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Here’s Why a Dollar Rally Will Never Last Long

By    |   Thursday, 03 Mar 2011 01:39 PM

The bull market in the U.S. dollar is like the Invisible Man.

An important aspect of any bull market is psychology. Bull markets climb a wall of worry, or so they say. This means that the market will continue to climb despite all of the worries surrounding the bull market.

For example, from 1982 to 2000, when the Dow Jones Industrial Average soared from 777 to above 11,000, there were all sorts of worries. Inflation pressures, the collapsed of the Eastern Bloc, the S&L crisis, the Mexican peso crisis, the Long Term Capital collapse.

Throughout all of these crises and collapses, equity prices kept climbing.

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In my book "The Great Super Cycle," I discuss why this is. One of the reasons is that markets take on a life of their own. These major cycles run 15 years to 20 years and they go on despite wars, recessions, drought, etc.

The same goes for downward cycles.

Despite all of the reasons to buy the dollar in recent years — such as the financial crisis of 2008 which caused a flight to the dollar and the euro crisis of 2010 — the dollar has continued on its long-term downward trend.

However, I'm hearing more calls for a dollar rally.

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People are talking about reasons the dollar will rally, such as the Middle East crisis will cause another flight to safety in the dollar.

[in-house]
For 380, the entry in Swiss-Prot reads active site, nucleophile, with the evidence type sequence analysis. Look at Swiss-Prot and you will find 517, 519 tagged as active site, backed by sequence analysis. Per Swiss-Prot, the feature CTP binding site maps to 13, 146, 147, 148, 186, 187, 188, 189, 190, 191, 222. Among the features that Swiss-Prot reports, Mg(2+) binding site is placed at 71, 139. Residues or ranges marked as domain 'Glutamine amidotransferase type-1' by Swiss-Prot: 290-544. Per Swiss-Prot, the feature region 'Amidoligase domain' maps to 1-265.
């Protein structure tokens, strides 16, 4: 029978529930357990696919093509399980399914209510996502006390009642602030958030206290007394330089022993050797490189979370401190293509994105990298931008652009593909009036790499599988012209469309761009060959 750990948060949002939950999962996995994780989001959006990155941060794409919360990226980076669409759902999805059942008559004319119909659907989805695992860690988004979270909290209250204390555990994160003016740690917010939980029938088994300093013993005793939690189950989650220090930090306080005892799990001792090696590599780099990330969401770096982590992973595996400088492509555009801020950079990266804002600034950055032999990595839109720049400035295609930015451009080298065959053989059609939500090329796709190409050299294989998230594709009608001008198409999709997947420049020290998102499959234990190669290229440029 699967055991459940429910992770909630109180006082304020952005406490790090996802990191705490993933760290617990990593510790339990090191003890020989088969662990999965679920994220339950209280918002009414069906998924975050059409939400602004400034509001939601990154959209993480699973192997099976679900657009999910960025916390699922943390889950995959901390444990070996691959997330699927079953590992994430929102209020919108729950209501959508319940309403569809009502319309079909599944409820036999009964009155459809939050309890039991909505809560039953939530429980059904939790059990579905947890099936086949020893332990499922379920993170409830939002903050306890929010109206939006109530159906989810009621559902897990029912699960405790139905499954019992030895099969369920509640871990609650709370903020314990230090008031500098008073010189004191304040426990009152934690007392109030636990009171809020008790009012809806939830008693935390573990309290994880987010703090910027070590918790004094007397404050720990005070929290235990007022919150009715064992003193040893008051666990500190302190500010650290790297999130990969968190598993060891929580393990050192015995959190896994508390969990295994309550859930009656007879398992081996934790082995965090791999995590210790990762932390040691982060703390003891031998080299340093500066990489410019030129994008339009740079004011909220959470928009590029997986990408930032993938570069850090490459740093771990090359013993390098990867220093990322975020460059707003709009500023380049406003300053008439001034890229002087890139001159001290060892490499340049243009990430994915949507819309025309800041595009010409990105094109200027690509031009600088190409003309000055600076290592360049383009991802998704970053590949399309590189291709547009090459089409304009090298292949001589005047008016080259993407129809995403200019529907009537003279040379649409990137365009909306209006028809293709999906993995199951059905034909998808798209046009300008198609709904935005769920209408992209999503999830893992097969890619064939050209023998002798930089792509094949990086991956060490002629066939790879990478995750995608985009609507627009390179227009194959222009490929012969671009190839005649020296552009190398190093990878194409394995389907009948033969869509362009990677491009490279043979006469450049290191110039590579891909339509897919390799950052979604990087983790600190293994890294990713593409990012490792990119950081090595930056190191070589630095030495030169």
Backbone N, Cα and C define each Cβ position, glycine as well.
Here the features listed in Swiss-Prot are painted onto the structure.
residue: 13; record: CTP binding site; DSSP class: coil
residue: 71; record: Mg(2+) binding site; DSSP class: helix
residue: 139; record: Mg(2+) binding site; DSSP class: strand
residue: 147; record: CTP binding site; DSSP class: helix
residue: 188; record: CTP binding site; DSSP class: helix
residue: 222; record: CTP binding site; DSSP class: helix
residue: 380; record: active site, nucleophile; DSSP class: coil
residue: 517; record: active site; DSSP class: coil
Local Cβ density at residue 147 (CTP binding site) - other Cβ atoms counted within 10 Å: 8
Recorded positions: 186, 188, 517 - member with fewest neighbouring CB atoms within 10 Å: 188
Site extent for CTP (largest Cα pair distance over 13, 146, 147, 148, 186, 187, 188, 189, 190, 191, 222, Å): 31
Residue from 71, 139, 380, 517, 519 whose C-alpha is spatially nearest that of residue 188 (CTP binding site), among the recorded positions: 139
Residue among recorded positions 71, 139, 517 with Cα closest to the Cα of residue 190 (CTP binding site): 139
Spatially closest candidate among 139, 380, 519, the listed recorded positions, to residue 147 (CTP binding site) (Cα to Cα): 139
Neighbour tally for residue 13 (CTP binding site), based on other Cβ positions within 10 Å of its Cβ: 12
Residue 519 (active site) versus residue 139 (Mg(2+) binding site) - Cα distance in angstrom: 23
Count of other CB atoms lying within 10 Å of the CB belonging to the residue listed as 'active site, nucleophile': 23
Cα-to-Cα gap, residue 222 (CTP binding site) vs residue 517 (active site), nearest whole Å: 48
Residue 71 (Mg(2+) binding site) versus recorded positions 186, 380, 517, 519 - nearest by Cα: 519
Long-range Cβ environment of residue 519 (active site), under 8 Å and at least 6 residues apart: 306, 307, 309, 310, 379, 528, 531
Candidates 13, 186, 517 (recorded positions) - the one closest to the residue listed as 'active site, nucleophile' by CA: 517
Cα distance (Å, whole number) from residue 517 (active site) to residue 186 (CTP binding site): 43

I hear that the U.S. economy will grow faster in the short term due to the tax cuts of late 2010. Some say that the euro crisis will show its ugly head again. However, with so many calls for a dollar rally, I think this means the dollar will continue on its downward trend. There are just too many people looking for a dollar rally.

In addition, we must remember three points about the dollar at the moment:

 • The U.S. is running a near-10 percent of GDP deficit, which is higher than every other Western government in fiscal 2011. Higher than Great Britain. Higher than Spain. Higher than Portugal. Yes, even higher than Greece, if its austerity measures pay off. These deficits are putting the U.S. in danger of losing its reserve-dollar status.

 • As George Soros pointed out recently, the euro crisis is all but over with the recent austerity and bailout measures being passed. The crisis this year is in local municipalities and states in the United States. This will put further pressure on the U.S. dollar.

 • If the Middle East crisis spreads, oil prices will continue to spike. The U.S. is much more reliant on the automobile and low oil prices than other Western nations. European nations have much better public transportation and train systems. Therefore, higher oil prices will pressure the U.S. more than Europe.

Therefore, other than small rallies upward, I expect that the dollar is going to continue its bear market and continue to move lower against other major world currencies.

About the Author: David Skarica
David Skarica is a member of the Moneynews Financial Brain Trust. Click Here to read more of his articles. He also writes the Gold Stock Adviser. Discover more by Clicking Here Now.
 

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The bull market in the U.S. dollar is like the Invisible Man. An important aspect of any bull market is psychology. Bull markets climb a wall of worry, or so they say. This means that the market will continue to climb despite all of the worries surrounding the bull...
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2011-39-03
Thursday, 03 Mar 2011 01:39 PM
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